Multinational Monitor

MAR 1998
VOL 19 No. 3


Pentagon Welfare: The Corporate Campaign for NATO Expansion
by William Hartung

Fields of Nightmares: The Not-Yet Eliminated Global Landmine Industry
by E.J. Hogendoorn

Guarding the Multinationals: DSL and the International Private "Security Business"
by Pratap Chatterjee


Living Downstream
an interview with
Sandra Steingraber


Behind the Lines

Executive Decisions

The Front
Domesticating Big Tobacco - The Anti-Child Support Act

The Lawrence Summers Memorial Award

Trade Watch
Recolonizing Africa

Money & Politics
The Oil Royalty

Their Masters' Voice
Whipping the Minimum Wage

Names In the News


Their Masters' Voice

Whipping the Minimum Wage

U.S. House of Representatives Republican Whip Tom DeLay has returned from Congress's winter recess bursting with vim and vigor, promising to press the Republican agenda with all available energy.

DeLay's high spirits no doubt result from his use of Congress's winter recess to fly to the Commonwealth of the Northern Marianas, a chain of islands in the Pacific where the temperatures hover in the eighties year round. DeLay sloughed off the heavy mantle of legislative responsibilities at a hotel where single rooms cost a minimum of $270 a night and which offers its own private beach and golf course. The latter has special appeal to DeLay, who is a prodigious duffer.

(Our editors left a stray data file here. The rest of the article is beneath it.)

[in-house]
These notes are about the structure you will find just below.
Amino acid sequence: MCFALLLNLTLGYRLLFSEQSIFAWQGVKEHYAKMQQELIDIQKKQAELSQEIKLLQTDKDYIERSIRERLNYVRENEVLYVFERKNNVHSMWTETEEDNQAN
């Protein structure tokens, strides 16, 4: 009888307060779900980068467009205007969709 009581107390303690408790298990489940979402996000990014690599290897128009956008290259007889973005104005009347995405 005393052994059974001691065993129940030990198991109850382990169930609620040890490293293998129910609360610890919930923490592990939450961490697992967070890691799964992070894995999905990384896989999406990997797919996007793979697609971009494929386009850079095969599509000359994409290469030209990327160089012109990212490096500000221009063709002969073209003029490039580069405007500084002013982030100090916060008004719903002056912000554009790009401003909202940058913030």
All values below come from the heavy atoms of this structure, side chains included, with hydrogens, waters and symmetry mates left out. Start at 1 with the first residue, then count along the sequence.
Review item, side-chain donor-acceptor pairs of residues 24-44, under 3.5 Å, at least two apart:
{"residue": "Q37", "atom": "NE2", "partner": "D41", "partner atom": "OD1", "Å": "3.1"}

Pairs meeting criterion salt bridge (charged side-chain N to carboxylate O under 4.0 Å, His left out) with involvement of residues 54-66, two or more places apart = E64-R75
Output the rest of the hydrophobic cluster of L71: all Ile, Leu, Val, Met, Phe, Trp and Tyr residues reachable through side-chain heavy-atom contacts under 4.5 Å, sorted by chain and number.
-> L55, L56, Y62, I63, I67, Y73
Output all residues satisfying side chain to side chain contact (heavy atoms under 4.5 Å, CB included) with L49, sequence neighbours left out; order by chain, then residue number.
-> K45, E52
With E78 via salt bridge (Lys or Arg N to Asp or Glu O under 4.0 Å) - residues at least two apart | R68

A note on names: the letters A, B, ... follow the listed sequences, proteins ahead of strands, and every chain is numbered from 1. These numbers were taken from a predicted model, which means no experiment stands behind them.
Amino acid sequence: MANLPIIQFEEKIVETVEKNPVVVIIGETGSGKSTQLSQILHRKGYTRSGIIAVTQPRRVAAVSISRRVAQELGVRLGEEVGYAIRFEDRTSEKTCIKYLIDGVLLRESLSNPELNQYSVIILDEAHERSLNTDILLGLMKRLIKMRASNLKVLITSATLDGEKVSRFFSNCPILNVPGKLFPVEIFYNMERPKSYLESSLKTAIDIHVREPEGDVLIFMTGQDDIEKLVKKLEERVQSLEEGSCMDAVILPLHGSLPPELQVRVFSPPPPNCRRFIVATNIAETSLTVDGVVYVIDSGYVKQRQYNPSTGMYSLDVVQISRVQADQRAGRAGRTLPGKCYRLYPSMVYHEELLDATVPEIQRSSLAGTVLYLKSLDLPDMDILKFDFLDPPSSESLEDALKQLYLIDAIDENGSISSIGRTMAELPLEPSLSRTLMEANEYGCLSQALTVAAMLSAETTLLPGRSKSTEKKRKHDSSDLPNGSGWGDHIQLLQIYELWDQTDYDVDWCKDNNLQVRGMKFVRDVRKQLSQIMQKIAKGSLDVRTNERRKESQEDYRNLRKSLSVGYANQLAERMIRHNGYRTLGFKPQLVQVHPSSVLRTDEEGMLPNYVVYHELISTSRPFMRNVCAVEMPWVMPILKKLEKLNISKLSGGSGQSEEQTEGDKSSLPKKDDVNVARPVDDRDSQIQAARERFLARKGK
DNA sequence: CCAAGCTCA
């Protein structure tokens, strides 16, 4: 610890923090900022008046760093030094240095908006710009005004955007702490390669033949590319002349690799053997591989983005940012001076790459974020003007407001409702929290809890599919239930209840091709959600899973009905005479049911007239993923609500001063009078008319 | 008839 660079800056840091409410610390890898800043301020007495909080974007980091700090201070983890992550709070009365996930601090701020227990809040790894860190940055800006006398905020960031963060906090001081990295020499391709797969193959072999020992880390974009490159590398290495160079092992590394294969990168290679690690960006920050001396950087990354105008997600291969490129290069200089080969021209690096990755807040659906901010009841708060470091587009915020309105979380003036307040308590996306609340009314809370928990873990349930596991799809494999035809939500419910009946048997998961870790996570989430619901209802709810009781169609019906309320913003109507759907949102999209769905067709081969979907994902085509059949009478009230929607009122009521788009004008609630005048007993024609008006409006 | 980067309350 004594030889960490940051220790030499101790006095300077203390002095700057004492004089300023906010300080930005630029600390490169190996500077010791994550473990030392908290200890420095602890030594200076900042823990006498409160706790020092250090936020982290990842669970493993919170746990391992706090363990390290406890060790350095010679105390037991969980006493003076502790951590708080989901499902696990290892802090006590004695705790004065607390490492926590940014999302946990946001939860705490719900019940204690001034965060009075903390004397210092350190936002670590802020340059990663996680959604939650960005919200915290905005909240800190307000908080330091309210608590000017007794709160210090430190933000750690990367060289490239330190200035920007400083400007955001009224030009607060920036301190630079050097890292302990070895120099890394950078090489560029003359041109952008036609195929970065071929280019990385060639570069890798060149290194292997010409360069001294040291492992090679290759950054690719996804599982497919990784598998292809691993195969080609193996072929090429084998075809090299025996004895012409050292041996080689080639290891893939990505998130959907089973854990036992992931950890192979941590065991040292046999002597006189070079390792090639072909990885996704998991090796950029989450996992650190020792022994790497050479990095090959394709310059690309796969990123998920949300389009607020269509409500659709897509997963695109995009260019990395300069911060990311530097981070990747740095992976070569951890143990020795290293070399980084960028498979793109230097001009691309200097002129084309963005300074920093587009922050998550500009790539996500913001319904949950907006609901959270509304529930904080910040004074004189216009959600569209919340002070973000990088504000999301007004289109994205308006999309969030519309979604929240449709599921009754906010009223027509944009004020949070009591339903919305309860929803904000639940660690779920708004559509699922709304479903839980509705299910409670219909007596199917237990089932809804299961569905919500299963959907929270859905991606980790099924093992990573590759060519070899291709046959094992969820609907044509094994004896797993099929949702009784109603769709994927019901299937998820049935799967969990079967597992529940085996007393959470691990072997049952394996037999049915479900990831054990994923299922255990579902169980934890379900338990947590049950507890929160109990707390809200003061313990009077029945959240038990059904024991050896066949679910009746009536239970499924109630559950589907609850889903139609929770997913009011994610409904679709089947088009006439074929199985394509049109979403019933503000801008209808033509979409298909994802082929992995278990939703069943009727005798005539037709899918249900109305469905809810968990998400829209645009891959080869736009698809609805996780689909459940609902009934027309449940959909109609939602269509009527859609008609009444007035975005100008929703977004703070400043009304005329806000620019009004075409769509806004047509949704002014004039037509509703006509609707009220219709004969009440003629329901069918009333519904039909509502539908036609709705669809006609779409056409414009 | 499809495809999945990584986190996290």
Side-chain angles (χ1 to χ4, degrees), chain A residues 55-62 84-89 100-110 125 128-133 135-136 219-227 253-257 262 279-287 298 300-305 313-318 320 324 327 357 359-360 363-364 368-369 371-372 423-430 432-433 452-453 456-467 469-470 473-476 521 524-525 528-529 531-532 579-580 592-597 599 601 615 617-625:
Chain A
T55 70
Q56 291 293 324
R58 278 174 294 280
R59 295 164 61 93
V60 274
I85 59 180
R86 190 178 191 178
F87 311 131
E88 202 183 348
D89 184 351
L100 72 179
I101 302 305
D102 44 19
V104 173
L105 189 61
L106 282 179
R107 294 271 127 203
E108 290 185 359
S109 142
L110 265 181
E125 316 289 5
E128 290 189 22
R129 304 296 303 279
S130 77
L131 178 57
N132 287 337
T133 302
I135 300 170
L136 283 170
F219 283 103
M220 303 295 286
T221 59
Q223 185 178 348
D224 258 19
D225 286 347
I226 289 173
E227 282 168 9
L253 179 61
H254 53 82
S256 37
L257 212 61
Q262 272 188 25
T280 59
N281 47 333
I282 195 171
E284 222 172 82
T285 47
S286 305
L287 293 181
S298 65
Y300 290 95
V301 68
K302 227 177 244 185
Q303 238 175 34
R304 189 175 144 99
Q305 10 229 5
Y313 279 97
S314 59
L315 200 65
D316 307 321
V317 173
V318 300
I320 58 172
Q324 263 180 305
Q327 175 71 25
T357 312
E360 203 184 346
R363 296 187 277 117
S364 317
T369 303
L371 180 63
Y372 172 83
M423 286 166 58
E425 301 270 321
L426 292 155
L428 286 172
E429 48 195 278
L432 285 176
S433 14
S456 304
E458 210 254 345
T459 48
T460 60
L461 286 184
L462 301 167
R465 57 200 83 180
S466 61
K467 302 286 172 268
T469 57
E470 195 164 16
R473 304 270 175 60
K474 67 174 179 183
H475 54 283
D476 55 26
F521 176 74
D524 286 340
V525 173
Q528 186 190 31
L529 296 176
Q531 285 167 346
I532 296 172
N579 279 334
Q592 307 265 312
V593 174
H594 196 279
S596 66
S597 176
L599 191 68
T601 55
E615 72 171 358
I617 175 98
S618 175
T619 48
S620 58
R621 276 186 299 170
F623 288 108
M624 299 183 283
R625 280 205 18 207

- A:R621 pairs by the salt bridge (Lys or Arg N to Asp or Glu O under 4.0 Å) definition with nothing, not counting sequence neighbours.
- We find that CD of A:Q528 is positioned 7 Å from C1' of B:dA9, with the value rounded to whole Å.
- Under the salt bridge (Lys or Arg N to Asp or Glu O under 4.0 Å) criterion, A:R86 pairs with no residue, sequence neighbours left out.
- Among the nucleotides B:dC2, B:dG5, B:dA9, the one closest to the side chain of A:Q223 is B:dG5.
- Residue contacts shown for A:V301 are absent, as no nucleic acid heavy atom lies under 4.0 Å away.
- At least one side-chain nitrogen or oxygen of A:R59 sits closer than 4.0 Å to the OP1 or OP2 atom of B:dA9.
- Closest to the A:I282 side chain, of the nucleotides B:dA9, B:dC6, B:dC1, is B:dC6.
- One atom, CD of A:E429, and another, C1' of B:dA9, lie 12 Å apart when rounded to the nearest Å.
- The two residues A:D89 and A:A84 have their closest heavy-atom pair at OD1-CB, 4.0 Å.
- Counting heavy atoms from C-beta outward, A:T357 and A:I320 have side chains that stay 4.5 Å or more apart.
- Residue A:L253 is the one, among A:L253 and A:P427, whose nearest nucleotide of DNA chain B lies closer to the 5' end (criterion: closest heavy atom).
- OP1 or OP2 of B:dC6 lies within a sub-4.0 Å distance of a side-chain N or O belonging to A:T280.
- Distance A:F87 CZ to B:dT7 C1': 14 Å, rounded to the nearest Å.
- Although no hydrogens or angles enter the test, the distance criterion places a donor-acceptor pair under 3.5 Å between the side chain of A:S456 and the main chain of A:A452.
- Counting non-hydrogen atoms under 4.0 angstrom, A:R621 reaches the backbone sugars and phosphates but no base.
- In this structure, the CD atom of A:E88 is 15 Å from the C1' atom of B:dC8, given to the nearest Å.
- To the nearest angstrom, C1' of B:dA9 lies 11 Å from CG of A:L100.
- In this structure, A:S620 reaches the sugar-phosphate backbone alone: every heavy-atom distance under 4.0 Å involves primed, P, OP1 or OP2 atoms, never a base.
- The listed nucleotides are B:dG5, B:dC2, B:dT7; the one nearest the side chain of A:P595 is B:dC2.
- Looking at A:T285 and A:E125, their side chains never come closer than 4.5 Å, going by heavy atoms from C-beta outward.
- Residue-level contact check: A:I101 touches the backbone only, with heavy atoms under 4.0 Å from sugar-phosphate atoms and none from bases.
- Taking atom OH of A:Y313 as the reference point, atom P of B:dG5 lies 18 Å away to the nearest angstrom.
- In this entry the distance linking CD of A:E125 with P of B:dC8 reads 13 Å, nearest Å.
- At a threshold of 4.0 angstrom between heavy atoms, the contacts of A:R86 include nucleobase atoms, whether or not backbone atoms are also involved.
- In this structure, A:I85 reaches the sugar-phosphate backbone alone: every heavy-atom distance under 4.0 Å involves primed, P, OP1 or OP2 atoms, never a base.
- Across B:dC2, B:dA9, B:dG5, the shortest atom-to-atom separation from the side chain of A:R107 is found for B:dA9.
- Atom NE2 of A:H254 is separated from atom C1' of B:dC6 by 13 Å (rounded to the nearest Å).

DeLay is one of six members of Congress to have traveled to the Northern Marianas during the past 18 months.

More than 70 congressional staffers and dozens of conservative think tankers and journalists have also journeyed over the Pacific to the elysian islands.

The junkets are being coordinated by the lobby shop of Preston, Gates, Ellis & Rouvelas Meeds, which the Commonwealth retained in 1996. The bill for the congressional and chattering class junkets -- already topping $2 million -- is paid for by Northern Marianas taxpayers.

The local government shells out the cash because it hopes to fend off a move in Congress that would subject the islands -- a U.S. territory whose residents have U.S. citizenship -- to the federal minimum wage. The current minimum wage in the Commonwealth is around $3 an hour -- less than 60 percent of the U.S. minimum wage.

But the attraction of the Northern Marianas is not only its low wage rates. Thanks to the Commonwealth's territorial status, companies operating there are allowed to export their goods to the mainland with the coveted "Made in the USA" label. The right to use the "Made in the USA" label along with the low minimum wage has proved irresistible to dozens of garment factories that have located in the Northern Marianas.

Most of the garment factories are Chinese owned. The Chinese companies often bring along their own workers.

One contract that the Chinese government forces employees to sign states that while in the Northern Marianas the employees will not "participate in any political or religious activities and, among other things, may not engage in smuggling, prostitution, theft, gambling, drugs, fighting, excessive drinking or watching pornographic videos. While working overseas, [the employee] may not date or get married."